The adage “money talks, but wealth whispers” gets thrown a lot when we talk about the clothes of Succession. The Roy family and Waystar Royco team epitomize the aesthetic of what it means to be rich, really rich: devoid of labels, gauche trendiness, anything that too obviously tries to convey the amount of figures someone has in their bank account. But the stealth wealth of the Kendall’s Loro Piana baseball hats and Shiv’s Armani blazers is nothing compared to the quiet opulence of Nan Pierce, says costume designer, Michelle Matland.
It’s not necessarily about the amount of money the Pierce Family matriarch has—it’s the type, Matland says. (To put it in Logan’s verbiage, it’s not a dick measuring contest; it’s more about the genealogy.) “Logan may have as much money as Nan, but Nan’s money is old, old school,” Matland says of the role played by actress Cherry Jones. “So if Logan feels comfortable in his skin, Nan is three times more knowledgeable about who she is and what her money is worth.”
Having grown up and gone to prep school in New England, I was exposed to my fair share of Nans—people with old, old, money; people whose ancestors came over on the Mayflower and who pillaged their way to prosperity that has and will continue to sustain their families for generations to come. They are some of the most frigid and, frankly, terrifying people you’ll ever meet. There’s an ease that carries them through any and every room; not one of belonging, but of not needing to belong, of being above it. And it’s that casual indifference that makes Nan so alluring—and arguably one of the only opponents we’ve ever seen successfully rattle Logan.
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“She is so unaffected and her lifestyle is such a comfort zone to her that she has no interest or intention in showing off,” says Matland, who calls her a “Kathryn-Hepburn-type.
But there’s still a viciousness to her that makes her fit to spar with her fellow media titans. To me, Nan is like someone dropped a Nancy Meyers character into a viper pit—if that Nancy Meyers character turned out to in fact be the apex predator. (Ironically enough, Matland says she’s always wanted to put Nan in a straw hat, which I noted felt very aligned with the director’s signature style. “I wanted everything that she wears to look like she just came out of the garden cutting roses…Working hard. Bitching about the cost of manure,” she jokes.) The softness and earthiness of her understated attire belies her lethal sensibility and it’s that contrast that makes her such a cunning and captivating character. “I think she is much more cutthroat than is apparent, but because she does it with a smile on her face and she’s so stealth at it that people don’t recognize it necessarily,” says Matland.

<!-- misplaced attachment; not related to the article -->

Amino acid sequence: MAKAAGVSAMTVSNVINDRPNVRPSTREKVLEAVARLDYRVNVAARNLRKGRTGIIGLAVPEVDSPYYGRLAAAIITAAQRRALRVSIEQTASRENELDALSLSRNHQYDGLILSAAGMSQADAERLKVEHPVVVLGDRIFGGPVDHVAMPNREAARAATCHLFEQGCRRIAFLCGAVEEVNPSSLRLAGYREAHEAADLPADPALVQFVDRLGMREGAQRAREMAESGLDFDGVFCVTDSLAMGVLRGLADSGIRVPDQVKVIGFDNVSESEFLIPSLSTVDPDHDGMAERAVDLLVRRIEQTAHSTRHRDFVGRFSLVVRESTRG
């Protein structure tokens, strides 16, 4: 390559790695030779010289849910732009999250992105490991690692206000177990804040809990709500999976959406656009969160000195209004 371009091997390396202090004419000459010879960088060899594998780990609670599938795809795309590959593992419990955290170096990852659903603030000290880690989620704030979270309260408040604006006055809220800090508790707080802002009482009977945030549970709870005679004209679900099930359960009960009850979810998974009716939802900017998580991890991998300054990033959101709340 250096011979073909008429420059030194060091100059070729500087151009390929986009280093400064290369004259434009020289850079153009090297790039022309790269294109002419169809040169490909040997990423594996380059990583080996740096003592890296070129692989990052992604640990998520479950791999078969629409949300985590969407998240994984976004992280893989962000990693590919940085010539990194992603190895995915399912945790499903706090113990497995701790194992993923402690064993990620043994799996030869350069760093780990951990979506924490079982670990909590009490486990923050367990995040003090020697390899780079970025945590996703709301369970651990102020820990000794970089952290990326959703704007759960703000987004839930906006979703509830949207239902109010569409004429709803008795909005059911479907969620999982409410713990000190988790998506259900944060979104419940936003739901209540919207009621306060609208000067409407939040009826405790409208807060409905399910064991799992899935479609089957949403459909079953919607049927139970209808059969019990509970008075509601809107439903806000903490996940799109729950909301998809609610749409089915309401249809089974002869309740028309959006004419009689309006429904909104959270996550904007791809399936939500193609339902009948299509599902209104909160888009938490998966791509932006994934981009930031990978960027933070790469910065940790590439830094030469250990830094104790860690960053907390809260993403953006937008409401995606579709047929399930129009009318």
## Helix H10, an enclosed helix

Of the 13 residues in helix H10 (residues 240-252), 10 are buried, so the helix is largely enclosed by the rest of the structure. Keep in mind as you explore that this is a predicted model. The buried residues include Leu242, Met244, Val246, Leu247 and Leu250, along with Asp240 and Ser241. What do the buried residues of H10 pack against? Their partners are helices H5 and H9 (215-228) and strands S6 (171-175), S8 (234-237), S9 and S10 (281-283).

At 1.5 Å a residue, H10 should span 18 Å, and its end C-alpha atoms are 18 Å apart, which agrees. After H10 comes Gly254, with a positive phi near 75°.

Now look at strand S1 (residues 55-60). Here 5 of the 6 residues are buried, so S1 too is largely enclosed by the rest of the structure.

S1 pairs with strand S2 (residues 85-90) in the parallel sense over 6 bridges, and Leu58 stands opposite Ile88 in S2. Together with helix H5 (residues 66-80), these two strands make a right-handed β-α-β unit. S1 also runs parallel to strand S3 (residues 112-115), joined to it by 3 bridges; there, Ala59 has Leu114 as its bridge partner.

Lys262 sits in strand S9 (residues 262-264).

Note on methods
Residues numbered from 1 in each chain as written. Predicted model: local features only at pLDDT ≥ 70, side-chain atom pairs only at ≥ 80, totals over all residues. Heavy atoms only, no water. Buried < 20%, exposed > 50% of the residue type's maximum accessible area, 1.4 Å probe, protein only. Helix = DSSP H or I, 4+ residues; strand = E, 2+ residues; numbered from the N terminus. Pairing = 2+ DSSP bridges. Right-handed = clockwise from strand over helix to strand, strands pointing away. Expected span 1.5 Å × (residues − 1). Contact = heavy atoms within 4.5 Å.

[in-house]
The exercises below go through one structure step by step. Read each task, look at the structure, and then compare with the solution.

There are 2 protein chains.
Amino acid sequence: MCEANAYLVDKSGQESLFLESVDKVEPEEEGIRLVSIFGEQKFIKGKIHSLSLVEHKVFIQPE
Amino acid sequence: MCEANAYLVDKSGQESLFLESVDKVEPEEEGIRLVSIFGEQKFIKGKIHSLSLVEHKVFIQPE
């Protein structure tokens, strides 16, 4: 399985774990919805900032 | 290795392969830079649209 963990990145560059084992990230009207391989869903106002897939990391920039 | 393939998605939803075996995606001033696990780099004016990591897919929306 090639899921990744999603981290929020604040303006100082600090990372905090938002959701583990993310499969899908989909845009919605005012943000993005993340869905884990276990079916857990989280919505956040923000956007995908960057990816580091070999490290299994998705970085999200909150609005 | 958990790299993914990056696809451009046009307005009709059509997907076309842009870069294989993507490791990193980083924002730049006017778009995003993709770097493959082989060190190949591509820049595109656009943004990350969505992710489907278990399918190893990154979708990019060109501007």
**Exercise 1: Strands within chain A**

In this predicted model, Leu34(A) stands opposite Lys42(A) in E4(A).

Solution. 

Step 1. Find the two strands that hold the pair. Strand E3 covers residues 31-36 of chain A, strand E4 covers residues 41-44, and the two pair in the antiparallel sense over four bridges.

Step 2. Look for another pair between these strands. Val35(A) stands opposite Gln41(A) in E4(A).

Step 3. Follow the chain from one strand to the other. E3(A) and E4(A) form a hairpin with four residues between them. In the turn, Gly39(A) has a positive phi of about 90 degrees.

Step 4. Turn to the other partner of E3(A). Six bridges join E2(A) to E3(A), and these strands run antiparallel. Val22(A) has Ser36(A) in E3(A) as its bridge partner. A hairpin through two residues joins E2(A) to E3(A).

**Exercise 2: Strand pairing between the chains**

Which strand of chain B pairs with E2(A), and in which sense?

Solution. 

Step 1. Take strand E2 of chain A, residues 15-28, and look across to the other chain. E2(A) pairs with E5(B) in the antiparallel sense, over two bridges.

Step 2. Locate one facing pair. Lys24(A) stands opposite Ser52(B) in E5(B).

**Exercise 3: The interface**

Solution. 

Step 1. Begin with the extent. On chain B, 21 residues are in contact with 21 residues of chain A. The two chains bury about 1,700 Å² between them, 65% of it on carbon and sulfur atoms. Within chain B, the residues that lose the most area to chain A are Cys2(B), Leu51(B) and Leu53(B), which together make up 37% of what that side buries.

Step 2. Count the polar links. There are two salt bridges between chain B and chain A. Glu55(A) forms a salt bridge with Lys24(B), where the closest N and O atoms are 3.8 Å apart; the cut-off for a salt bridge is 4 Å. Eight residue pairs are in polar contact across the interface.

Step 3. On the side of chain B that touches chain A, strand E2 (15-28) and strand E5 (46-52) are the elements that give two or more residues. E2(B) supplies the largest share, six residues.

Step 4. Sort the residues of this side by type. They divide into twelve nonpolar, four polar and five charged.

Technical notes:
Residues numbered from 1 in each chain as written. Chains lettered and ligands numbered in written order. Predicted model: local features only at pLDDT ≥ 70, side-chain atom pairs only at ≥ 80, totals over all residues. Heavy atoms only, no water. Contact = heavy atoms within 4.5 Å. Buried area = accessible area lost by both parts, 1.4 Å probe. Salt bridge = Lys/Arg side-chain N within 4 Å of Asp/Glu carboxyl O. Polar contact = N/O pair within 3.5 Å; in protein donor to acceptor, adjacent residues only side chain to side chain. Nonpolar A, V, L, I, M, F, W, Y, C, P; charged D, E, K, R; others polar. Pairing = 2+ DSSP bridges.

Nan proves that quiet luxury—stealth wealth—is about more than foregoing logos; for Kendall it might be about always rocking the latest season’s Tom Ford leather bomber, for Tom it might be $11,000 suits and shiny watches the price of a reasonably sized home. But for Nan, it’s different. Sure Nan can have it all—and she does; she’s the kind of woman who doesn’t look at, or even consider price tags when she shops, says Matland. But she’s not someone who buys simply for the excess of it; to indulge in the newness of the latest designer items. Instead, her clothing is a collection of the finest pieces on the market that she’s acquired and cared for, for many, many years.
“She doesn’t buy anything that she thinks is going to be obscene,” says Matland. “So just real old school and simplistic classical everything has been worn many, many, many times.” Nan makes a strong case for uniformed dressing, she says—investing in quality pieces that can be worn over and over and that never go out of style. And no item in Nan’s closet is too precious to prioritize its monetary value, she says.
“What she has is quality. She probably has a $3,000 cashmere cardigan, but she wears it every day around her neck, tied up in a knot and that’s what she wears. And then she gets cold, she slips it on. And that’s what it is. It’s a uniform.”
That being said, her wardrobe is not completely devoid of glamor—but even her choice of jewelry and other accessories is a far cry from Kendall’s chunky Richard Mille watch.
“She definitely walked into Cartier and bought herself a tank watch in 1980,” Matland says. “And she still uses it, and was happy to pay the $10,000 or whatever it was. And she, I’m sure, has a Tiffany diamond and some emerald earrings from her husband.” True to form, this season we saw Nan in a timeless tan and white striped button down with a tonal neck scarf and tan trousers from Lafayette 148 NY; the shirt and trousers together boasting a price tag of over $1500.
You don’t need the Pierces’ bank account or lineage to pull off her look though, says Matland, because all it really comes down to is simplicity. Buy timeless silhouettes in neutral colors. Matland recommends scooping up a classic white shirt and a pair of chinos somewhere like Banana Republic; pair it with a leather belt and matching loafers and you’re ready for an afternoon in the Hamptons. This was good news for me, as someone who’s been obsessed with Nan and her closet full of beige staples since the second I laid eyes on her.
Matland agrees. “She’s one of my favorite characters,” she told me. Nan is a fan favorite for so many reasons; the stark contrast between her and the Roy family has made for some of the most tenuous and most entertaining plotlines of the entire show. She’s mysterious and relaxed at the same time, welcoming and icy all at once—an absolute delight to watch. There are a million reasons we’ll miss this iconic show, and Nan with her relaxed coastal chic attire and her biting business acumen rank high among them.